Researchers at Ontario, Canada’s University of Guelph have discovered that soy isoflavones and peptides may inhibit the growth of microbial pathogens that cause foodborne illness.
Soybean derivatives can be found in a variety of food products--baked goods, canned foods, cheeses, ice cream, oils, margarine and spreads. Isoflavones act as hormones and control much of the biological activity on the cellular level. Peptides are part of proteins, and can act as hormones, hormone producers or neurotransmitters.
The food industry currently uses synthetic additives to protect food from contamination, but the use of soy isoflavones and peptides might actually do a better job at reducing microbial contamination, based on recent news.
University of Guelph researchers used microfluidics and high-throughput screening to run millions of tests in a short period. They found that soy can be a more effective antimicrobial agent than the current roster of synthetic chemicals--the use of which some believe may cause long-term illness. The use of soy peptides and isoflavones could combat bacteria and reduce these concerns.
Researcher and professor Suresh Neethirajan says, “Heavy use of chemical antimicrobial agents has caused some strains of bacteria to become very resistant to them, rendering them ineffective for the most part. Soy peptides and isoflavones are biodegradable, environmentally friendly and nontoxic. The demand for new ways to combat microbes is huge, and our study suggests soy-based isoflavones and peptides could be part of the solution.”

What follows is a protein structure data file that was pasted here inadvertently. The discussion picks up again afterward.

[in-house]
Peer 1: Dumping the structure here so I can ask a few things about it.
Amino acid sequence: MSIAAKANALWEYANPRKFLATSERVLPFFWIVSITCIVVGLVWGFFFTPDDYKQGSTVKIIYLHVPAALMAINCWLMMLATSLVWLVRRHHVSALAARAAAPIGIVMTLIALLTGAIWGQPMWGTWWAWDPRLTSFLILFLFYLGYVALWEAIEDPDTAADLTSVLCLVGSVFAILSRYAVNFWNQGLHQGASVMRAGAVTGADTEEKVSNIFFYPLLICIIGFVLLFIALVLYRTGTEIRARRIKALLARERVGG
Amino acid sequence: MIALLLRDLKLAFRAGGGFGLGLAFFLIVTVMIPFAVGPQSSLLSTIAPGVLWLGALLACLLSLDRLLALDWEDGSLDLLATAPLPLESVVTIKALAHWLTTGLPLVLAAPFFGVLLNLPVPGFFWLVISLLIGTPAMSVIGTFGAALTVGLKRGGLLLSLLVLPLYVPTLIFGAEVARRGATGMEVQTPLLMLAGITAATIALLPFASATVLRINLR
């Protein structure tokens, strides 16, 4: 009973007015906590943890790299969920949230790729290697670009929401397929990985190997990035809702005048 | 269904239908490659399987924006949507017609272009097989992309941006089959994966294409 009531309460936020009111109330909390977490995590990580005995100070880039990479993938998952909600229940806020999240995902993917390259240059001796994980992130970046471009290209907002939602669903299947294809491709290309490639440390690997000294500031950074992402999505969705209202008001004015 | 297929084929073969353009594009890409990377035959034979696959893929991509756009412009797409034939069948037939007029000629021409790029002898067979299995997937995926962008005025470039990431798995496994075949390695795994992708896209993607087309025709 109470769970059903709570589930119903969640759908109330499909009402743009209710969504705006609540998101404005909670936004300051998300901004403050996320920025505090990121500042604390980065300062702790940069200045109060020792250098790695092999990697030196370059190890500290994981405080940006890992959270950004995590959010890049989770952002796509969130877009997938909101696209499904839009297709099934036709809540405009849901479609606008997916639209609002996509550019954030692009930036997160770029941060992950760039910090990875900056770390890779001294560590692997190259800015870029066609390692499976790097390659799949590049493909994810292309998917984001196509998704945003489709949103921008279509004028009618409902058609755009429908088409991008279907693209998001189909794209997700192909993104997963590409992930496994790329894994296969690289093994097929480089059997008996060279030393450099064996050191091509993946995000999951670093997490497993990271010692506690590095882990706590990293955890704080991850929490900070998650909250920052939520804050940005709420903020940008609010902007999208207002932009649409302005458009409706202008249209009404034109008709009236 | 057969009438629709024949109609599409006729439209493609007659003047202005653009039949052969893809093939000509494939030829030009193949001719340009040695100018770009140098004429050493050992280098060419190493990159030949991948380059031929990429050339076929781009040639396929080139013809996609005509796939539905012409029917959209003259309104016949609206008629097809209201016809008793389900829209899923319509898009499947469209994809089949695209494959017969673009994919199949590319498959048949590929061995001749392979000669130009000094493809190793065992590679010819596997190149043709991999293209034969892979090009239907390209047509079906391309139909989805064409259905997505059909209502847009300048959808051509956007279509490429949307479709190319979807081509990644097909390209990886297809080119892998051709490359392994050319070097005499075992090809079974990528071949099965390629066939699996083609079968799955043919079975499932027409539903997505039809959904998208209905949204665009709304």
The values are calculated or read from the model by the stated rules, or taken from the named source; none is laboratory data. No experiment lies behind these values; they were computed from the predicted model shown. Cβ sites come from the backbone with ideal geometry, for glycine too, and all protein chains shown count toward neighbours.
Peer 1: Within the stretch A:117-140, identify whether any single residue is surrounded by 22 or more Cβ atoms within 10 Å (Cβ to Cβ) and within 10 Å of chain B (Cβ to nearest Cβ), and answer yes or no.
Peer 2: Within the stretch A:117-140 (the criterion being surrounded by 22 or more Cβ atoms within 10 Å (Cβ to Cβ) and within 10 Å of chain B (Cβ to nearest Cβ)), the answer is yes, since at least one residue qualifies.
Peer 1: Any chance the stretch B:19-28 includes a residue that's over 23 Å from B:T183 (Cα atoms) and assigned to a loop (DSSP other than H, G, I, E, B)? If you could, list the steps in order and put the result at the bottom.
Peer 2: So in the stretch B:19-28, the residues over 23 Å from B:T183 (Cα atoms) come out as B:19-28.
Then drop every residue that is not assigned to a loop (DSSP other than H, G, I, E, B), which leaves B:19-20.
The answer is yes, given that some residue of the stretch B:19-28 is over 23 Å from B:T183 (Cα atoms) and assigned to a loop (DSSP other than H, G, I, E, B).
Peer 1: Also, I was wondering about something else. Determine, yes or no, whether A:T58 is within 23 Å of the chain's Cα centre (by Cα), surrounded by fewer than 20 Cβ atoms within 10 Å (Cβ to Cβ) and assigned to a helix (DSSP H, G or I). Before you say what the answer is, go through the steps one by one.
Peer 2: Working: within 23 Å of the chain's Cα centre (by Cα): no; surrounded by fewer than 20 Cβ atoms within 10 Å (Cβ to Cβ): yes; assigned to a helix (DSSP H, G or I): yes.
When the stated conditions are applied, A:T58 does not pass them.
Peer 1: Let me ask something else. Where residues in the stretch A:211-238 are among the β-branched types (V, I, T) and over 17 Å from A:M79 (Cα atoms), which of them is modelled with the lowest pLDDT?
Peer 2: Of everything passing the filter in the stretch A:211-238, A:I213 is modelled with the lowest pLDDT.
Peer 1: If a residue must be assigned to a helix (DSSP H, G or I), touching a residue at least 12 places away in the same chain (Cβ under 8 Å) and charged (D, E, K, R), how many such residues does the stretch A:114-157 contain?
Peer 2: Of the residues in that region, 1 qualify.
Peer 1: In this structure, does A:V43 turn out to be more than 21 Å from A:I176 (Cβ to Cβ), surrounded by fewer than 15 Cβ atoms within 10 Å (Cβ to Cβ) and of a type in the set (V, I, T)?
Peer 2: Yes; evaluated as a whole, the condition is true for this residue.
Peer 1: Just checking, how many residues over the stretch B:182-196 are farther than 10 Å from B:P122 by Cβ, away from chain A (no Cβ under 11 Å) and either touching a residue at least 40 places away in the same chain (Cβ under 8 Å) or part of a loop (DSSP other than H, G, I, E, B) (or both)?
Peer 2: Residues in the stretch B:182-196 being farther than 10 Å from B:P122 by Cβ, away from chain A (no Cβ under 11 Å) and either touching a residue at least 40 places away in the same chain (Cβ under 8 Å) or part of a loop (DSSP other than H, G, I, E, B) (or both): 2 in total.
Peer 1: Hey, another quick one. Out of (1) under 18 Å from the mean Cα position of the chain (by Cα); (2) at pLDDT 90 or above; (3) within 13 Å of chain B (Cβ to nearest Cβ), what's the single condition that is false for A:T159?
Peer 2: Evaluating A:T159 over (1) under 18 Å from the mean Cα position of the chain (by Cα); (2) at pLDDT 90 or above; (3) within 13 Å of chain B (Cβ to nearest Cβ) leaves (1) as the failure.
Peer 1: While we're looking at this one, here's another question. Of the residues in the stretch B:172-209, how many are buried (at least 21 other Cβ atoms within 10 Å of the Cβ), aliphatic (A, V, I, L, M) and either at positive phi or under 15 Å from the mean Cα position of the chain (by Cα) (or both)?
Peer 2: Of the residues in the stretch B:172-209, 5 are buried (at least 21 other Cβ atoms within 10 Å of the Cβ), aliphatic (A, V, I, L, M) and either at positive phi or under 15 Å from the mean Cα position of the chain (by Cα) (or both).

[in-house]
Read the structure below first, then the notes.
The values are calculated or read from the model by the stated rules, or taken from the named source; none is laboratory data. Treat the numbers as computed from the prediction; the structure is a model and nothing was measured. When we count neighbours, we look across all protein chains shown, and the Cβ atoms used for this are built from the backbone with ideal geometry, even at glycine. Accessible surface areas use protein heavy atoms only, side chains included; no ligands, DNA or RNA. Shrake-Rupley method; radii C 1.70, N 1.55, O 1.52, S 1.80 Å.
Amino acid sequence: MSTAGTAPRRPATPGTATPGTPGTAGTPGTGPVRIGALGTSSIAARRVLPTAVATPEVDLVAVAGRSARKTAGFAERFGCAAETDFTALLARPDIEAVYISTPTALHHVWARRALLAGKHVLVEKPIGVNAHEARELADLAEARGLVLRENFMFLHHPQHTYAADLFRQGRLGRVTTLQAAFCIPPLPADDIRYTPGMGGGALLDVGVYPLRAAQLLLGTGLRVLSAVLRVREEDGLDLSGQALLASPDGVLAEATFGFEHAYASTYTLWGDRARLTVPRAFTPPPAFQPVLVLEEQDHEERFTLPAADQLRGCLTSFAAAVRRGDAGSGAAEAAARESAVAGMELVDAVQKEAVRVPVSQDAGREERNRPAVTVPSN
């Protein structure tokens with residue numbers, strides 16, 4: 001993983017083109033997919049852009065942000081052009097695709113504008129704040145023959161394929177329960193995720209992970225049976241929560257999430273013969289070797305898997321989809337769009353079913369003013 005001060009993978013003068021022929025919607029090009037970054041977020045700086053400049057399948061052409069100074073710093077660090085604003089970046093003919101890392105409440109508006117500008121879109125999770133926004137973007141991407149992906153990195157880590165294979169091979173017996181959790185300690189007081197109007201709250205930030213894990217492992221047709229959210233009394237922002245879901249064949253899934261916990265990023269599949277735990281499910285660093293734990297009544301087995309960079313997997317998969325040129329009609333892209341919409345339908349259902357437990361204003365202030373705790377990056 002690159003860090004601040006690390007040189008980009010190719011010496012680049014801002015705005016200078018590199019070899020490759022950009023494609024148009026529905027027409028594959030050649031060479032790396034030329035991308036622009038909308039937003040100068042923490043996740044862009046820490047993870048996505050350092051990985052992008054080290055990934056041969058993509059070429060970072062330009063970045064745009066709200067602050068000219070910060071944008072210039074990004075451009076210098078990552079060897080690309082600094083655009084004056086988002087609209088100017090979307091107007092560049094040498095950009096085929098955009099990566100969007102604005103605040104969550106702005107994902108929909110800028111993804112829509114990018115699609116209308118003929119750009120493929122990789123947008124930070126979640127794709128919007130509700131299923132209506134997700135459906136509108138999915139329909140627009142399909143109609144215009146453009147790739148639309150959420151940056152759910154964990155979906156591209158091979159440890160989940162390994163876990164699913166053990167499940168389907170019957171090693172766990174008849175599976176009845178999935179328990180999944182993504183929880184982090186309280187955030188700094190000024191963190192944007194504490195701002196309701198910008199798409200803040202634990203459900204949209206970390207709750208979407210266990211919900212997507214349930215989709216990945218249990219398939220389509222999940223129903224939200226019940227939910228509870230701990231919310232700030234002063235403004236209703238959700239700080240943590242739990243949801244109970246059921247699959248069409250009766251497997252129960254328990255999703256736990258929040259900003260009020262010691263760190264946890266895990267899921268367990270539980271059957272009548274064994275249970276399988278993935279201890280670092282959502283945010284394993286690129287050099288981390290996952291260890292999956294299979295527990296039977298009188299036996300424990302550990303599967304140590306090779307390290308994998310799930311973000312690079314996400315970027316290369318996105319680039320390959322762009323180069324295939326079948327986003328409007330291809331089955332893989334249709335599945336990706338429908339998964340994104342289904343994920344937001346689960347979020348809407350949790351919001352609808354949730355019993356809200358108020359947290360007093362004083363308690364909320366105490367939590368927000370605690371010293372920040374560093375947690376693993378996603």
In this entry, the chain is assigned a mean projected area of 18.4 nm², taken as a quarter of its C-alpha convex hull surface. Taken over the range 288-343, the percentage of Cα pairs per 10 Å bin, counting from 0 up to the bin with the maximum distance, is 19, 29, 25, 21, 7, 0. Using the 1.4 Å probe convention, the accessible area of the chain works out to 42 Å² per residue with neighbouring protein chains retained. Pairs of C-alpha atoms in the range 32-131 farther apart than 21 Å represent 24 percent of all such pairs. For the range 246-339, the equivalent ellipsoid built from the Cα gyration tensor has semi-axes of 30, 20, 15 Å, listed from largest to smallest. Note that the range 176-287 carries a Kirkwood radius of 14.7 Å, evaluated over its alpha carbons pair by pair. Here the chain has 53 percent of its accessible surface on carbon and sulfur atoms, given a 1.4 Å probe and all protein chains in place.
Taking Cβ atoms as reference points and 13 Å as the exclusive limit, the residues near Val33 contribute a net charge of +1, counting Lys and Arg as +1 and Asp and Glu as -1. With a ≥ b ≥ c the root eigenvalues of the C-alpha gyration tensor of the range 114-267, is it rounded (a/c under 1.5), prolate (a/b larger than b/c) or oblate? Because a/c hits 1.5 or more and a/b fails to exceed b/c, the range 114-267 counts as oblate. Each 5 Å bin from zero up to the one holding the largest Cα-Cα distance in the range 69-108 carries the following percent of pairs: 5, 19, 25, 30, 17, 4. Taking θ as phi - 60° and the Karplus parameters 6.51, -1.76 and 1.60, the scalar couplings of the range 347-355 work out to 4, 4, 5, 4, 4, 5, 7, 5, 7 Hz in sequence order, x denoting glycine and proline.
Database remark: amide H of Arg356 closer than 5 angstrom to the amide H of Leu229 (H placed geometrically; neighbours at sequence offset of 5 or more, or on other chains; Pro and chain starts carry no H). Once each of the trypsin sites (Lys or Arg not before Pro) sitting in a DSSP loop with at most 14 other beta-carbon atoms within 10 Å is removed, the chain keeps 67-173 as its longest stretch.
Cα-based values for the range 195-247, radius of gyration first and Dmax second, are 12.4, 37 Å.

Neethirajan and his research team found soy peptides and isoflavones limited growth of some bacteria, including Listeria and Pseudomonas pathogens.
“The really exciting thing about this study is that it shows promise in overcoming the issue of current antibiotics killing bacteria indiscriminately, whether they are pathogenic or beneficial. You need beneficial bacteria in your intestines to be able to properly process food,” Neethirajan says.
Next, researchers will be conducting large-scale tests. The end goal is to come up with a solution that is beneficial to food processors and soybean farmers.
The study, entitled "Investigation of the antimicrobial activity of soy peptides by developing a high throughput drug screening assay", will be published in the scientific journal Biochemistry and Biophysics Reports this summer, but it is currently available online.